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ARB won't take our validation powers, RIBA tells schools


The riba has moved to reassure heads of schools of architecture that it has no intention of ceding its powers of validation to the arb.

riba honorary vice-president of education Paul Hyett last week told the schosa conference in Glasgow that it would be 'dangerous in the extreme' to consider letting the arb take over, because validation allows schools freedom from core curriculums and prepares students for more than just architectural practice. It is also important to keep the riba name connected to schools to attract foreign students.

'Woe betide us all if we allow it to be replaced by a system that is unable to respond to change - and let alone encourage it - that restricts experimentation in the process and that seeks to standardise the product.'

Hyett told the conference that arb registrar Andrew Finch has 'quite clearly committed himself to achieving a substantial and independent role for the arb in all its forms and stages - not just at the point of entry into the profession'. He added that Finch's position was based on a legal counsel he took which said the present validation system is unlawful, but the riba's legal advice gave a 'quite contradictory opinion'. Finch's advice, given by Queen's counsel, was that the validation and assessment panels are not lawful because the board cannot delegate its power or have its decision 'fettered' by arrangement with other bodies.' The riba's legal opinion said that the arb is free to continue with the process and there is no provision for it to be terminated.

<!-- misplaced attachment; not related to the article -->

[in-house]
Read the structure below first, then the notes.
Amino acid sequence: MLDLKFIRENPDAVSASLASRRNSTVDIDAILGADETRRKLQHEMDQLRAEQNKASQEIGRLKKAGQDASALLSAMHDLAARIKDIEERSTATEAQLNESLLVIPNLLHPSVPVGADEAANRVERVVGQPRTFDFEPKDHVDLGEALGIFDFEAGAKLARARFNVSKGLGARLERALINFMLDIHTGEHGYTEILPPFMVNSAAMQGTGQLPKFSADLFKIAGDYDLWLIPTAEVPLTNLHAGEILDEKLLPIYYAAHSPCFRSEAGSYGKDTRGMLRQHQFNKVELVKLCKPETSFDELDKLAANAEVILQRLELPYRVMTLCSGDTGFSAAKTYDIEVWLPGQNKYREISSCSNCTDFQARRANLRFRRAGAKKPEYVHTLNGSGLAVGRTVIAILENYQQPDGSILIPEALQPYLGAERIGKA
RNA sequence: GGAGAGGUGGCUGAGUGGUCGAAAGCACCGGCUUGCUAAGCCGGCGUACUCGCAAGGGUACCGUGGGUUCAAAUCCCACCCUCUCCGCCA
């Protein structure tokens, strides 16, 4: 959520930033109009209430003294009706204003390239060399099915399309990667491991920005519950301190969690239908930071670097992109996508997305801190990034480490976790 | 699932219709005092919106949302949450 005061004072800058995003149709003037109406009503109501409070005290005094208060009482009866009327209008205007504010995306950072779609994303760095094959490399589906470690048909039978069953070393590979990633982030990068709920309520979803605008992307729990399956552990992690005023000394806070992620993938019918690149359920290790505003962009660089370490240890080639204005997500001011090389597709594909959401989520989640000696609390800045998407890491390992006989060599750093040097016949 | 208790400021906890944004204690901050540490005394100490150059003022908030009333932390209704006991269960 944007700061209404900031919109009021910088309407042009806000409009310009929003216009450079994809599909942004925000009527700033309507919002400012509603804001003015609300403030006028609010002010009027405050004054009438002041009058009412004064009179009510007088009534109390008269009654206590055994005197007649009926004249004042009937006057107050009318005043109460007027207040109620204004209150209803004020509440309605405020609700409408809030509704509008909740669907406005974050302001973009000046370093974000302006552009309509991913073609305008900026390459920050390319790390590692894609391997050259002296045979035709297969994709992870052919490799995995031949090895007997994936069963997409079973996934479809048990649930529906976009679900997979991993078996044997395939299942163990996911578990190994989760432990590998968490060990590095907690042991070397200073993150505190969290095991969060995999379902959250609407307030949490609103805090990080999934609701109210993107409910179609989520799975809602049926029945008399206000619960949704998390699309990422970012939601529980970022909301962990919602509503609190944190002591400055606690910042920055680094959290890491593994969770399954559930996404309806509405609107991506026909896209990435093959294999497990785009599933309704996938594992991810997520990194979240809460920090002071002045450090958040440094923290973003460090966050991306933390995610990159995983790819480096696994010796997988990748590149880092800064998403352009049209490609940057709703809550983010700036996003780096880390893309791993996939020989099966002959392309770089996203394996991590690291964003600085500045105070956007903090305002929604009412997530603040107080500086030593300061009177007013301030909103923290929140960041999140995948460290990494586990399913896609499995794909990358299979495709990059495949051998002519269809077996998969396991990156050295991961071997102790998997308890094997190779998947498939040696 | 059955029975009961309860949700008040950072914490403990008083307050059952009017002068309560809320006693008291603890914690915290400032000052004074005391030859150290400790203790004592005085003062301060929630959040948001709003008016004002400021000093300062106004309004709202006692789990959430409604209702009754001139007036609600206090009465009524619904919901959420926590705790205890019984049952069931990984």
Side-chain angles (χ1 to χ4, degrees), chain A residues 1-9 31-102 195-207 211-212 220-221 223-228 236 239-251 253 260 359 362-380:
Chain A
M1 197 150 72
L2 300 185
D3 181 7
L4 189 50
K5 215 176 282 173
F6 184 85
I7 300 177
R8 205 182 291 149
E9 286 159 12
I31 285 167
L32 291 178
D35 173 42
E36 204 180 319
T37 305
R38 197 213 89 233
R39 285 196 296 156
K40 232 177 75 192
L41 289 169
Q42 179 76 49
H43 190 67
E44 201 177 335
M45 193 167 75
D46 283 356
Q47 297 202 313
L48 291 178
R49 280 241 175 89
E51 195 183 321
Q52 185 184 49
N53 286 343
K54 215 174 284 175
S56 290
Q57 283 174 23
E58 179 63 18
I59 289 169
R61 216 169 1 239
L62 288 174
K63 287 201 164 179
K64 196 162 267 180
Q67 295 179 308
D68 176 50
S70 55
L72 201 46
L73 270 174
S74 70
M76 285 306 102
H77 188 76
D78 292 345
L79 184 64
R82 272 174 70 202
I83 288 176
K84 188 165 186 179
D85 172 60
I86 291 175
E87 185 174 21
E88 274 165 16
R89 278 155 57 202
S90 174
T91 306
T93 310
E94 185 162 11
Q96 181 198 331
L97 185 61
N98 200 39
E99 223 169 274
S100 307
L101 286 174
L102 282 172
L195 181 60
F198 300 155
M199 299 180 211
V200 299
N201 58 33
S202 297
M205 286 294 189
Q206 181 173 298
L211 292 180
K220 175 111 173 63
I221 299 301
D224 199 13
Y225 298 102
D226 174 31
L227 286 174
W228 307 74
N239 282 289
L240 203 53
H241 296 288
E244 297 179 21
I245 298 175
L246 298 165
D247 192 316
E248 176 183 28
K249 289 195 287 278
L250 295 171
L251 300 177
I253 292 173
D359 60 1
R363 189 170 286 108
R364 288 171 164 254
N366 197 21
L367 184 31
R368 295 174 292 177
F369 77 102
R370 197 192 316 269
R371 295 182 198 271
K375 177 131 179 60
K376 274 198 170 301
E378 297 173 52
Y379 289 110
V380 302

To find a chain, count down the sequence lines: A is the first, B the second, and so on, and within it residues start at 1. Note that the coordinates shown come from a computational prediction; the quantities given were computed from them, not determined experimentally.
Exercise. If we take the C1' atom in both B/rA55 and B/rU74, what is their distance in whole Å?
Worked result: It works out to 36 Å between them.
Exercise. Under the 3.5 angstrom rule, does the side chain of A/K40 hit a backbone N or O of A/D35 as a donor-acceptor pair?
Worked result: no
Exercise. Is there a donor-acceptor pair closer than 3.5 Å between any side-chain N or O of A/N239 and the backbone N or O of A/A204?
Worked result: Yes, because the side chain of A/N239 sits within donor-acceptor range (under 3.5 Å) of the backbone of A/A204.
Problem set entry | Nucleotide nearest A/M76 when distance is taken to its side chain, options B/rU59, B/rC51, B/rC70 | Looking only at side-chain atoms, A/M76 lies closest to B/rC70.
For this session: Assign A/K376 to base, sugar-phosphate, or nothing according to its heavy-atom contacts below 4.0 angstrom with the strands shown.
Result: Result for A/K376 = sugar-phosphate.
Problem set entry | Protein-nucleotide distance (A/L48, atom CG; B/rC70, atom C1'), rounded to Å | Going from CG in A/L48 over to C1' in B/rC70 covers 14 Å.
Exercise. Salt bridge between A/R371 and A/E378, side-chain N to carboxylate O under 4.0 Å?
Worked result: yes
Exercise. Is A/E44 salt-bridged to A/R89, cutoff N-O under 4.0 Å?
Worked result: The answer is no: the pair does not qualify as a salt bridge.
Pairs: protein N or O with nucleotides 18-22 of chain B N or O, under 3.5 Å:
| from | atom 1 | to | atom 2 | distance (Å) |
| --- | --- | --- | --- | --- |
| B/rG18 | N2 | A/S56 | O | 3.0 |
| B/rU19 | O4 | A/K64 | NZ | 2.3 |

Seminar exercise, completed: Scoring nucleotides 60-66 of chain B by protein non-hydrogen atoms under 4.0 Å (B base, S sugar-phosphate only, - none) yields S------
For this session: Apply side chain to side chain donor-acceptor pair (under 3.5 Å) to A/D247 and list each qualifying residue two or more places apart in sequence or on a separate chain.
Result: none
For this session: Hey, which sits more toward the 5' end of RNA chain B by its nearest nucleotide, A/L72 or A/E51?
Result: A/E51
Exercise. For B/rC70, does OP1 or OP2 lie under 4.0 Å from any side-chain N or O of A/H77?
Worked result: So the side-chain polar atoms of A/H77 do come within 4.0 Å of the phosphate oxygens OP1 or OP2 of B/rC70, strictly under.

However, arb chair Barbara Kelly has written to riba president David Rock to assure him that the existing jv procedures will continue certainly until September 1999, when Colin Stansfield Smith's review of education is expected to come on stream. The review is based on the view that architectural education would benefit from a freeing-up of structures to enable more varied careers to evolve from within the system. A discussion paper on the reviews, aimed at enabling a 'positive and far-reaching debate' acording to Hyett, will be published later this year.

Nether regions: a 'living bridge' constructed of 100 naked painted bodies launched the fourth showing of the Royal Academy's 'Living Bridges' exhibition at the Netherlands Architecture Institute last week. The show remains in Rotterdam until December when it goes to Japan for a 12-month, four-venue tour

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